but we should be worrying more about the debt and financial issues of this country more then obesity :P still worrying issue
    I would think the opposite. Rather than issue a punitive excise tax, how about tax relief's for those of us that are taking care of our bodies and therefore lessen our future tax burden for those that may eventually use more tax monies for health related problems as a result of THEIR decisions.

  27. #27
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    Quote Originally Posted by zorro View Post
    I would think the opposite. Rather than issue a punitive excise tax, how about tax relief's for those of us that are taking care of our bodies and therefore lessen our future tax burden for those that may eventually use more tax monies for health related problems as a result of THEIR decisions.
    Bingo! lets even carry that over to health insurance, those who are more healthy should have a reduced rate due to less of a liability on the company insuring them, thus more money in our pocket to stimulate the economy through purchasing more mountain bike gear. I would be ok with taking some sort of physical exam to prove my fitness and health in order to get a lower deductible/premium.

  28. #28
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    Quote Originally Posted by Wiggs View Post
    Are we still talking about mountain bikes and obese people?
    no. its a mtbr forum. we get off subject
    say no to kona

  29. #29
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    Quote Originally Posted by zorro View Post
    I would think the opposite. Rather than issue a punitive excise tax, how about tax relief's for those of us that are taking care of our bodies and therefore lessen our future tax burden for those that may eventually use more tax monies for health related problems as a result of THEIR decisions.
    how about we combine my idea and yours do both
    say no to kona

  30. #30
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    Quote Originally Posted by Guerdonian View Post
    Bingo! lets even carry that over to health insurance, those who are more healthy should have a reduced rate due to less of a liability on the company insuring them, thus more money in our pocket to stimulate the economy through purchasing more mountain bike gear. I would be ok with taking some sort of physical exam to prove my fitness and health in order to get a lower deductible/premium.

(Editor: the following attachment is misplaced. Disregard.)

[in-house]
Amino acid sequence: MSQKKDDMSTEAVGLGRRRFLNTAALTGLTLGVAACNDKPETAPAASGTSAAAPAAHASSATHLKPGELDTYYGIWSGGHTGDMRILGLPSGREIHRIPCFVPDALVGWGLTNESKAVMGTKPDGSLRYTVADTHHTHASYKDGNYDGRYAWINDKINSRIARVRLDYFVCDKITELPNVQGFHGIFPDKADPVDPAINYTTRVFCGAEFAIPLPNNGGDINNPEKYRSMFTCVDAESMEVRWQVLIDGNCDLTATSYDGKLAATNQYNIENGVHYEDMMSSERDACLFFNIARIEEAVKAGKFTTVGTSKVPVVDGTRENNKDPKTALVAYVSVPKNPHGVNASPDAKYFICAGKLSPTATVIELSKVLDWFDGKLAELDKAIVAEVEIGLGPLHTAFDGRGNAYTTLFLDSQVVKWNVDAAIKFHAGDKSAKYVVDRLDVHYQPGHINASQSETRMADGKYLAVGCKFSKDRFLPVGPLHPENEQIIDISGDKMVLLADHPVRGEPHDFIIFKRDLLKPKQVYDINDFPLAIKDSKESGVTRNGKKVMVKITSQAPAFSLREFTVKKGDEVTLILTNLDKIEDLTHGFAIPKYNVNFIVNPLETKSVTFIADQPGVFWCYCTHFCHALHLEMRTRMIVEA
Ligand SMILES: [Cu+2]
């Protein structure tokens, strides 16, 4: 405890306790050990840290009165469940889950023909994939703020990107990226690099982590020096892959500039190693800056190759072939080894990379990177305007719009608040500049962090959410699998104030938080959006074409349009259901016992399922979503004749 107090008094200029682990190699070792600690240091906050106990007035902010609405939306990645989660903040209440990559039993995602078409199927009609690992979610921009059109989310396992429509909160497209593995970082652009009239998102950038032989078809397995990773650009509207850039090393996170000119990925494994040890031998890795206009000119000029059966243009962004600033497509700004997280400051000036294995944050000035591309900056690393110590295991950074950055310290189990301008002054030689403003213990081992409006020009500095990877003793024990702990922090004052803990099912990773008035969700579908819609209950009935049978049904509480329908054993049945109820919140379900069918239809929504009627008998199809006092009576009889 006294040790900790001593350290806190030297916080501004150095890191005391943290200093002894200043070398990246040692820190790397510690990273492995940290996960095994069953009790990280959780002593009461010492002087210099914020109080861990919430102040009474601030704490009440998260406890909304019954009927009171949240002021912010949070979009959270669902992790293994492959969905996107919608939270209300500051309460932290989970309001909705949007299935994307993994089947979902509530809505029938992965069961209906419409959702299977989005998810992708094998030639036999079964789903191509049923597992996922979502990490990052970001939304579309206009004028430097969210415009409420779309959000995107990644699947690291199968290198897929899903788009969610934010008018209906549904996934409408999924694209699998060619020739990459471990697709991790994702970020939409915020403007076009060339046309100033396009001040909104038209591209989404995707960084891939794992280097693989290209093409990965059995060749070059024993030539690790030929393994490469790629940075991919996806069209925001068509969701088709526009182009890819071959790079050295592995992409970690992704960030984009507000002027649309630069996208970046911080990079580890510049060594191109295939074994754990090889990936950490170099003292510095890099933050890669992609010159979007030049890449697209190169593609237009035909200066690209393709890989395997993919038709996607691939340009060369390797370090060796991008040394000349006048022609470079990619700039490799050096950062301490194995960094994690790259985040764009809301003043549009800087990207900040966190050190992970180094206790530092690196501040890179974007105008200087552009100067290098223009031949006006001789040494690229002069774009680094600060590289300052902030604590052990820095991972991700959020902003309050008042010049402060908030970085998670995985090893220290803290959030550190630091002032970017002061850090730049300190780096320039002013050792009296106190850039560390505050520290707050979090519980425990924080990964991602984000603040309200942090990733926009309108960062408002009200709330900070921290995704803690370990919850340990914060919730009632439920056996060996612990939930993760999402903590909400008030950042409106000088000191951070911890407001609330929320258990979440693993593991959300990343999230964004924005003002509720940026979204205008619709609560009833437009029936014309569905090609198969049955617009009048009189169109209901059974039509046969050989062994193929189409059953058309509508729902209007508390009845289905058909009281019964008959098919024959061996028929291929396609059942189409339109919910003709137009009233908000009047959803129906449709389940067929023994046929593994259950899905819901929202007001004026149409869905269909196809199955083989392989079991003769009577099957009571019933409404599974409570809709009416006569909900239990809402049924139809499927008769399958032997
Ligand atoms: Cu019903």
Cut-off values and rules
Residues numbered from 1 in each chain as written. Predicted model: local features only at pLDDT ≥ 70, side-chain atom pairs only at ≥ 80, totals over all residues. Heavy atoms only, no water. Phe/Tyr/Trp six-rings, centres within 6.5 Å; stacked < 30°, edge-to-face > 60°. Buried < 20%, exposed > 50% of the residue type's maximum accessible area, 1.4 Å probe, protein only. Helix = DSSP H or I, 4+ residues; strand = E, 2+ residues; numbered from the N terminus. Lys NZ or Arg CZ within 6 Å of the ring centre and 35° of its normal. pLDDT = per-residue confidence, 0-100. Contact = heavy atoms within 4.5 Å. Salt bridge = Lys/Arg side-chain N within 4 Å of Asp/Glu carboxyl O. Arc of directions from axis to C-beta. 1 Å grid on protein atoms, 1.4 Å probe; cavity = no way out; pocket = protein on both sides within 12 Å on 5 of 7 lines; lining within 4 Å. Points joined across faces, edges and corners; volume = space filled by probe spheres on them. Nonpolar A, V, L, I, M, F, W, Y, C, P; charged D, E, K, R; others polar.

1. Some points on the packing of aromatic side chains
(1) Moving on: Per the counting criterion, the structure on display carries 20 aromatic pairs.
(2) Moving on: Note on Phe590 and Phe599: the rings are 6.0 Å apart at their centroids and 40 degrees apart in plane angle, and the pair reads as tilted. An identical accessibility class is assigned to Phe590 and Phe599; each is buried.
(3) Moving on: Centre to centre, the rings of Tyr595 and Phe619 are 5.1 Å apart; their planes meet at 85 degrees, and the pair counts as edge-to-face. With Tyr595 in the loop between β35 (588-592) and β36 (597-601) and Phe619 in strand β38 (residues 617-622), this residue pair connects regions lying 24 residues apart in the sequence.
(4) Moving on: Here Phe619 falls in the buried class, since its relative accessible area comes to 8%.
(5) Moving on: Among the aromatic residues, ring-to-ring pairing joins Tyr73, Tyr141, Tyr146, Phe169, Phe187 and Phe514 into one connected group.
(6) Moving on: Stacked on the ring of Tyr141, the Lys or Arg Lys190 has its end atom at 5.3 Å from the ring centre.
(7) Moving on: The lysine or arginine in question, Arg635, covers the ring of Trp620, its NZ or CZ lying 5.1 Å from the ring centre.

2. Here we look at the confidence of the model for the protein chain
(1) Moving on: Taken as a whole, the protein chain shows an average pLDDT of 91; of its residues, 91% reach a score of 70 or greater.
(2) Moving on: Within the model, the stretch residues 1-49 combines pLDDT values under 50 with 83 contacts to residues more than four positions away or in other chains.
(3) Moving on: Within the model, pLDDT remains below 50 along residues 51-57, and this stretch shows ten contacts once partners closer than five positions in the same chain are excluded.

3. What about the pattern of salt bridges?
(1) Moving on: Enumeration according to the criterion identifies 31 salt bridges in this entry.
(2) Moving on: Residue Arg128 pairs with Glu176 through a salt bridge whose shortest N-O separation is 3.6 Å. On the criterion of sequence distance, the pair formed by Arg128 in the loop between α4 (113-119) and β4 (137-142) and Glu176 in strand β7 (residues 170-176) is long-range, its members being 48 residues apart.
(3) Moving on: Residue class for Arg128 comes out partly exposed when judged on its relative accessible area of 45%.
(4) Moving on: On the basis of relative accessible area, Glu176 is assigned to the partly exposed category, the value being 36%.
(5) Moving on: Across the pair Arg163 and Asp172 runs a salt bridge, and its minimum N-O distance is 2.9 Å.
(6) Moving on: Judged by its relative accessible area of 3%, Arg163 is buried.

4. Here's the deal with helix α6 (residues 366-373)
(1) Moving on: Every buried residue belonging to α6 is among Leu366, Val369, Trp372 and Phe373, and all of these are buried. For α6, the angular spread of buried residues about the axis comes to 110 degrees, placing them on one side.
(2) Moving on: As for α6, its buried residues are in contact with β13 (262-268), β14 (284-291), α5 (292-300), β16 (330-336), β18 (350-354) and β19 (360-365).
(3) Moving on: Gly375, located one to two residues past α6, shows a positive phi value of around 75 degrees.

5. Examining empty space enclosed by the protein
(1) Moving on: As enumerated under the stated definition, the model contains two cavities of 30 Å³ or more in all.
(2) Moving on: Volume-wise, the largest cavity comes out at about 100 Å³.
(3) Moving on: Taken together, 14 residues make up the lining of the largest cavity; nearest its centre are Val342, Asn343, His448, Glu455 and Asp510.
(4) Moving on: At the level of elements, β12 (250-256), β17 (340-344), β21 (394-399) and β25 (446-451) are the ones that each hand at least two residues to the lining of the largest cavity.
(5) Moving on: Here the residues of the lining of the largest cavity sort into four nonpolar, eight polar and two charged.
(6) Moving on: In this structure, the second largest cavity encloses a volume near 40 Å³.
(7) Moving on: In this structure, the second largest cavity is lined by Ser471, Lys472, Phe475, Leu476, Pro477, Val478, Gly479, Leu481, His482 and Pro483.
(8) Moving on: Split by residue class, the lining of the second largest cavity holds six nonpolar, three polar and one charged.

kinda like car insurance. women have lower rates cause they are less aggressive.
    say no to kona

  31. #31
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    I tend to avoid these political topics, since we're not likely to convince each other to change too much. But every now an again, I want to play too

    I think it is important to allow individuals to make informed choices.

    If there is a role for government in the food industry (and I think there is), it's ensuring that people know what they are buying. Without labeling laws, you would be hard pressed to decide what and how much of anything you consume unless it comes from your own yard.

    And since the market has done such a wonderful job of putting the cost of all long-term consequences onto the commons, I see merit in financially encouraging beneficial actions and discouraging harmful ones. We all suffer from air pollution, but the polluter benefits from not having to install the cleaner technologies. Obesity is an expense we all bear, insured or not, heavy or not. We shouldn't limit choices people have, but we can tax harmful ones, and support opening grocery stores in food deserts. We can also strive towards a sane farm policy.

    But good on Colorado for staying relatively healthy. I like seeing the bike share program taking off in Denver and Boulder. I think we could use more bike lanes and public-transportation infrastructure. And we should absolutely shuttle with full face helmets up Enchanted Forest at night with lights blazing.

  32. #32
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    Quote Originally Posted by ddfuji View Post
    how about we combine my idea and yours do both
    Looks like you's two could really create a benevolent dictatorship of the worst kind!

    Quote Originally Posted by ddfuji View Post